Forms of Business Units 3

Features of co-operatives


• Membership is open to all persons so long as they have a common interest.

•Members are also free to discontinue their membership when they desire so

• Co-operative societies have a perpetual existence; death, bankruptcy or retirement of a member does not affect its operations

• They are managed in a democratic manner. Every member has one vote when electing the managerial committee irrespective of the number of shares held.

• The main aim is to serve the interest of the members where profit is not the overriding factor.

• Co-operative societies have limited liabilities

• There must be a minimum of 10 people with no maximum membership.

• Co-operatives have a separate legal entity from the members who formed it i.e they can own property sue and be sued

• Any profit made by the society is distributed to the members on the basis of the services rendered by each member but not according to the capital
contributed.

Formation

-Co-operative societies can be formed by people who are over eighteen years regardless of their economic, political or social background.

- There must be a minimum of 10 persons and no maximum no.

- The members draft rules and regulations to govern the operations of the proposed society i.e. by laws, which are then submitted to the commissioner of co-operatives for approval

- The registrar then approves the by-laws and issues a certificate of registration

- If the members are unable to draw up their own by-laws, the co-operative societies Act of 1966 can be adopted in part or whole Management

- A co-perative society is composed/run by a committee usually of nine members elected by the members in a general meeting

-The management committee elects the chairman, secretary and treasurer as the executive committee members, who act on behalf of all the members and
can enter into contracts borrow money institute and depend suits and other legal proceedings for the society

- The committee members can be voted out in an A.G.M if they don’t perform as expected.

TYPES OF CO-OPERATIVES SOCIETIES IN KENYA

May be grouped according to;

i) Nature of their activities

a) Producer co-operatives

b) Consumer co-operatives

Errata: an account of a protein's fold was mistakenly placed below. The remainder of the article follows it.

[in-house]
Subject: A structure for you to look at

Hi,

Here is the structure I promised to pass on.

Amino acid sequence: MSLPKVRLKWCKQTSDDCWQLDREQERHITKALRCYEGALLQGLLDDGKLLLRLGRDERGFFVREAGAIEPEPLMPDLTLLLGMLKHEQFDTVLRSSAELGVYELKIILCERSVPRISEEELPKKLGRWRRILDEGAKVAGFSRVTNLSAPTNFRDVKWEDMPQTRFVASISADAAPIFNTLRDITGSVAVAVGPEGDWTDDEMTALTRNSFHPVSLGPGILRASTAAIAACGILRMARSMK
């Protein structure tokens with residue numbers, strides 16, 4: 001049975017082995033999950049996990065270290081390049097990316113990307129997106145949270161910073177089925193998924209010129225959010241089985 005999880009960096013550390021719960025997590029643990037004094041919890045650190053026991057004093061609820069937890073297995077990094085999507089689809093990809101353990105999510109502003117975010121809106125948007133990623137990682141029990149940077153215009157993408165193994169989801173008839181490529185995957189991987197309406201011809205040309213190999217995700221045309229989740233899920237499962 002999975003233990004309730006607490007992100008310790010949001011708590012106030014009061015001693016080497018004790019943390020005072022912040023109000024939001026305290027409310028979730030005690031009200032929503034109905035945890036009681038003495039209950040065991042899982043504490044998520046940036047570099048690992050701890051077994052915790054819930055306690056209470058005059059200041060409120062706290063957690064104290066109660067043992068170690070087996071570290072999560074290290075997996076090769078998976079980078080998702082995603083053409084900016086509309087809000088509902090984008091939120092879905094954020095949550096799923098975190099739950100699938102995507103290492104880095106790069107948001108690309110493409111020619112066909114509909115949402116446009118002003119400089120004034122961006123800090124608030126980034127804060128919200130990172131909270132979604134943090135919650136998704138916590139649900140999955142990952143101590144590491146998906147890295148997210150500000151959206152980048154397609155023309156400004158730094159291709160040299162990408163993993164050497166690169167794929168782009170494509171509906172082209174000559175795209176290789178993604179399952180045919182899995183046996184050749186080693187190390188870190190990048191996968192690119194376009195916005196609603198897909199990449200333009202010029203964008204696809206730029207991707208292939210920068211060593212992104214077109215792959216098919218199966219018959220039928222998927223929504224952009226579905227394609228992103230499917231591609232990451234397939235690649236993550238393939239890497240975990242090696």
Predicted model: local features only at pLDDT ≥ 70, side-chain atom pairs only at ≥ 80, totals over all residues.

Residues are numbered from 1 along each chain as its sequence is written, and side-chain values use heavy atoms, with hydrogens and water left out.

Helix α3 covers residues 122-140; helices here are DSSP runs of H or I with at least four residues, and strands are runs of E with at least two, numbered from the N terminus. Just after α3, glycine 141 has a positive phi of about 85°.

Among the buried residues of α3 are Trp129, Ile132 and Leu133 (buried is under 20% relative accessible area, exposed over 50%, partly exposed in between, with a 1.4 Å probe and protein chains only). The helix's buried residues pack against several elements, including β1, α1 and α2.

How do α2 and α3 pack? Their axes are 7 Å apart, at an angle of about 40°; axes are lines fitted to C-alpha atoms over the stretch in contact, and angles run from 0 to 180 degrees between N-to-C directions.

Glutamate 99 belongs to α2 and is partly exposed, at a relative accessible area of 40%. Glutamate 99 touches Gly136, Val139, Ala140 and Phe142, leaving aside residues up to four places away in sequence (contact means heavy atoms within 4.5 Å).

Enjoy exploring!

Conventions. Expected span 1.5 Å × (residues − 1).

c) Savings and credit co-operatives

ii) Level of operations

a) Primary co-operatives

b) Secondary co-operatives

a) Producer co-operatives

This is an association of producers who have come together to improve the production and marketing of their products.

Functions

• Obtaining better prices for their members products
• Providing better storage facilities for their products
• Providing better and reliable transport means for moving the products from the sources to the market and building feeder roads

• Providing loans to members

• Providing services of grading, packing and processing to the members

• Providing farm inputs e.g. fertilizers, seeds, insecticides e.t.c on credit to members

• Educating and advising members on better methods of farming through seminars, field trips, films and demonstration

- In this type of co-operative members are paid according to the quantity of the produce a member has delivered to the society.

Examples,

KCC-Kenya Co-operative Creameries

K.P.C.U-Kenya Planters Co-operatives Union

K.G.G.C.U-Kenya Grain Growers Co-operative Union

b) Consumer Co-operatives

-These are formed by a group of consumers to buy goods on wholesome and sell them to the members at existing market prices.

- Their aim is to eliminate the wholesalers and retailers and hence obtain goods more cheaply

- The co-operatives allow their members to buy goods on credit or in cash

- Members of the public are also allowed to buy from the society at normal prices thereby enabling the society to make more profits

- The profits realized is shared among the members in proportion to their purchases i.ethe more a member buys, the buyer his/her share of profit
Examples;-Nairobi consumer co-operative union, Bee-hive consumer cooperative society and City-chicken consumer co-operative society

Advantages

• Sell goods of high quality